Marc Janowitz's MMJ Set Design
The LD admits to having been a fan of the GLP impression since the first impression 90 and later the 120RZ zoom. But he says that by embracing new technology, the X4 provides a higher level of functionality entirely.
Incorporating 19 quad colour RGBW LED’s, each rated at 15 Watts, in a breakthrough design, the X4 offers a single homogenised colour output from its unique looking front lens across a wide colour spectrum and with high output. Janowitz could immediately see how he could put this featureset, with its impressive 7:1 (7°-50°) zoom ratio, to good use.
Given a free hand with the band’s lighting he admits, “There is a tremendous amount of mutual trust — but I have a pretty good sense of the type of visual landscape they are comfortable performing within.”
In fact he had originally been planning to put the 120RZ into the new MMJ design until coming across GLP’s latest solution by accident … and in the nick of time. “By chance, my associate, Ben Price, was prepping another one of our shows [also serviced by VER of Glendale] when [GLP Inc president] Mark Ravenhill stopped by to show him the X4 back in May. I was in Europe and Ben called me in the middle of the night to tell me about the fixture — he was so excited that he forgot about the time difference.”
The timing was perfect as Marc Janowitz was in the process of finalising the set design with the MMJ crew. “We managed to get the new fixture into the discussions just in time for everything to fall into place.”
On returning from Europe Marc got to review the fixture at close quarters. “I could see right away what the potential was and didn’t need to compare the X4 with other washlights. I needed to see that they were at least as bright and feature packed as previous impression fixtures and no bigger or heavier.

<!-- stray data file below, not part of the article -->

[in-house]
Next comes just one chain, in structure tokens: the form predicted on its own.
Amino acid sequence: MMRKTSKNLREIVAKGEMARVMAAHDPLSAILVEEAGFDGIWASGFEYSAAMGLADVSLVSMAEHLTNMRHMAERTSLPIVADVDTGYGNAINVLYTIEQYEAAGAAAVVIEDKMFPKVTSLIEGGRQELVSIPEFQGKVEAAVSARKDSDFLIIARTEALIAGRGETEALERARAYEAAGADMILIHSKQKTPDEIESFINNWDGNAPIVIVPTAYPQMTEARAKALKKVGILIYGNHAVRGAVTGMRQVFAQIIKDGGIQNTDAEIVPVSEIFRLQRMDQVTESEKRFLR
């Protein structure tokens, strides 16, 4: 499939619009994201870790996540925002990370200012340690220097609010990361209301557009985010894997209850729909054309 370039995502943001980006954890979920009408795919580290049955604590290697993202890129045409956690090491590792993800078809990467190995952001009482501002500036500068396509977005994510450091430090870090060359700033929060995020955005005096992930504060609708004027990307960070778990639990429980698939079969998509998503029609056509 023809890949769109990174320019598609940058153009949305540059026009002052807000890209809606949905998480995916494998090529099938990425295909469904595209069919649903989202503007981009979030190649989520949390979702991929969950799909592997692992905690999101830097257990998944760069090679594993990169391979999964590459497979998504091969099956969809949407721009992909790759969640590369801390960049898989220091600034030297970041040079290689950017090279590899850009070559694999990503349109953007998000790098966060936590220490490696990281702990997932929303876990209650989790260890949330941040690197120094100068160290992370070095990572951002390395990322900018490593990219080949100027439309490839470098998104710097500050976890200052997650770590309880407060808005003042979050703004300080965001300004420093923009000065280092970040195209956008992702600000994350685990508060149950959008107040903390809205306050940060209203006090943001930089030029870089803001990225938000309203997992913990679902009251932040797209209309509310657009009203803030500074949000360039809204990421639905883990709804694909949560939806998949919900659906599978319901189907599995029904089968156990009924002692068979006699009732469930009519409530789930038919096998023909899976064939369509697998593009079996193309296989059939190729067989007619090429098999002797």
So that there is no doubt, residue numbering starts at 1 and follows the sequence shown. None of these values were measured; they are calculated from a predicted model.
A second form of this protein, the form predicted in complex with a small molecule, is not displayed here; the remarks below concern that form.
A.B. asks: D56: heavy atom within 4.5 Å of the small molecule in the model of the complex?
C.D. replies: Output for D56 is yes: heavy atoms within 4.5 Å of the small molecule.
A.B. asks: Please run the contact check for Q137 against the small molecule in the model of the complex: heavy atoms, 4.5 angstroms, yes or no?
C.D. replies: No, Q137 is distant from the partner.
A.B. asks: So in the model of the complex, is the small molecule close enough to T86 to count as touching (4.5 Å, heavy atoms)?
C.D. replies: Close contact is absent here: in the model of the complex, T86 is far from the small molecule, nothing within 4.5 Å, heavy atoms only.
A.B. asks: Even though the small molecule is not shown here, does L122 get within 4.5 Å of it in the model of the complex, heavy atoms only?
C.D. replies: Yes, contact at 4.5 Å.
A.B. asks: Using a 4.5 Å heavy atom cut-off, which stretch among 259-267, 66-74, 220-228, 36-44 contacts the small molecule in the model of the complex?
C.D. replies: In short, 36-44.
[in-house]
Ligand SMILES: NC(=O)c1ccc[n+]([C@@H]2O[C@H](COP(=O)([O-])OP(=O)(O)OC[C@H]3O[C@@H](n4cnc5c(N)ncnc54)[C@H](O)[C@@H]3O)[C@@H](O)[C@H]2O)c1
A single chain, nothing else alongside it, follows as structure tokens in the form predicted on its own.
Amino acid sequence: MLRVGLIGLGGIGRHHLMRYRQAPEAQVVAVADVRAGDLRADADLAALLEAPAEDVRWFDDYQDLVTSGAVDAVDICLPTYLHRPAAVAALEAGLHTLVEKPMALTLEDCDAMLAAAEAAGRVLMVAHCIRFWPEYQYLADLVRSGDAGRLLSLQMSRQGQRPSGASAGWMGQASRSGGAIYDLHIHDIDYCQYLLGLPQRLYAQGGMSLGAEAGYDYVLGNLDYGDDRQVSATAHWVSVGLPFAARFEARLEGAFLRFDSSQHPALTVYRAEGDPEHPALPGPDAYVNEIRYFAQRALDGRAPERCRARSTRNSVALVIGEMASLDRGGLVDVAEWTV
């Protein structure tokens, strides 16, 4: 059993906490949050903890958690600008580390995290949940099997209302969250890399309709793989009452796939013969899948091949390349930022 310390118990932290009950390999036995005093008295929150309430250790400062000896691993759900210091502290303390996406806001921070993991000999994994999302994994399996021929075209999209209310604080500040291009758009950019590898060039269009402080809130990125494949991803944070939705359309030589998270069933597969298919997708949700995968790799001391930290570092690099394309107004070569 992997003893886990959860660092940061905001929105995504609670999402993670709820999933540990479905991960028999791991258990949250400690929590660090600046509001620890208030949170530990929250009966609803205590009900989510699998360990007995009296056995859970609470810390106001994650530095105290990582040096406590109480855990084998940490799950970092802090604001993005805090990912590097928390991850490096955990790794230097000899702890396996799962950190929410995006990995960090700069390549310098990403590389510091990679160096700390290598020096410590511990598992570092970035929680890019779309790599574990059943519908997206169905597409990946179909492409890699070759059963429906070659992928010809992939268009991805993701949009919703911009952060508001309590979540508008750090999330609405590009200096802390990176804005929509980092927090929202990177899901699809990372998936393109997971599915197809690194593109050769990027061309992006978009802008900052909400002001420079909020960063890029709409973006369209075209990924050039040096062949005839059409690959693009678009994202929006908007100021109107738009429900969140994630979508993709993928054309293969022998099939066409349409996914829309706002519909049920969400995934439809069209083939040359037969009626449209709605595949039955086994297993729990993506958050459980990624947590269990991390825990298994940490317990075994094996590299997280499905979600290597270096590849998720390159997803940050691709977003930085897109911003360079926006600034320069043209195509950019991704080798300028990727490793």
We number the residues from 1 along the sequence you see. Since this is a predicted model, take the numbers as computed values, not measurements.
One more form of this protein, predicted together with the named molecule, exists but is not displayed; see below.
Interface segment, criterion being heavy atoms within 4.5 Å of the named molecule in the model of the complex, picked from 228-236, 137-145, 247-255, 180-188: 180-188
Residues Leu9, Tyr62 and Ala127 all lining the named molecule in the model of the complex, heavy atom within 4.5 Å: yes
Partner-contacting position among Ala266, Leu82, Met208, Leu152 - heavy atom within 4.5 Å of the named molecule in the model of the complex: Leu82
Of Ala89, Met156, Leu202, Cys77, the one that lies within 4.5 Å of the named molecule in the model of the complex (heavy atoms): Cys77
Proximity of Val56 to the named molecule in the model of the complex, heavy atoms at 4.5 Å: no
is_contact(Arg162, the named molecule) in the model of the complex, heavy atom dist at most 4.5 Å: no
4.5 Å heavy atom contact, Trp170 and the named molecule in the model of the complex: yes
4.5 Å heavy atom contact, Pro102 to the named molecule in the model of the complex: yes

“Seeing the addition of the white LED and how it created an even better option for high transmission pastel colors — plus the overall homogenised output sold me immediately. No more looking at red/green pixels when mixing ambers and oranges!”
The creative element is designed around a festoon-like hanging system, fabricated out of a modified truss ladder, which forms the architectural centrepiece. These consist of ten soft, swooped hanging positions suspended between the trusses in the overhead grid, with five of the X4’s on each. These festoons travel pre-rigged and cabled, and once the grid is hung, are fully deployed in about 10 minutes.
Marc describes the new X4’s as “bright, lightweight, diverse” and the zoom as “remarkable.” He qualifies this by saying, “It enables me to use these fixtures for an overhead beamy washlight plus a groundrow cyc light … the zoom is outstanding.”
One particular feature that is working well within the MMJ design is the macro effects channel. “I utilise the centre cluster only and point all the fixtures out to the audience. Since the architectural structure of the design was meant to emulate strings of festoon lights, I was able to create the look of bare bulbs hanging over the stage with the X4. I would go to this look during the set break and then stay in it for the first few songs out of the encore (typically ballads or solo acoustic songs).”
Speaking of the impression footprint in general Marc relates, “since many of my clients require designs that will tour well in restricted logistical situations, such as bus trailers, and rock clubs, the combination of minimum size, weight and power consumption is perfect. But they also pack an excellent punch. “These are not just club fixtures — they hold their own just as well at 30ft trim as they do at 12ft.”
The lighting designer has already underpinned his commitment to the new fixture by promptly deploying a further 28 X4’s in a different context on the Autumn tour with Trey Anastasio Band. “I imagine I’ll be logging quite a few ‘lamp-hours’ on this line and its offshoots in the coming months … so it’s a good thing they are LED!” he smiles.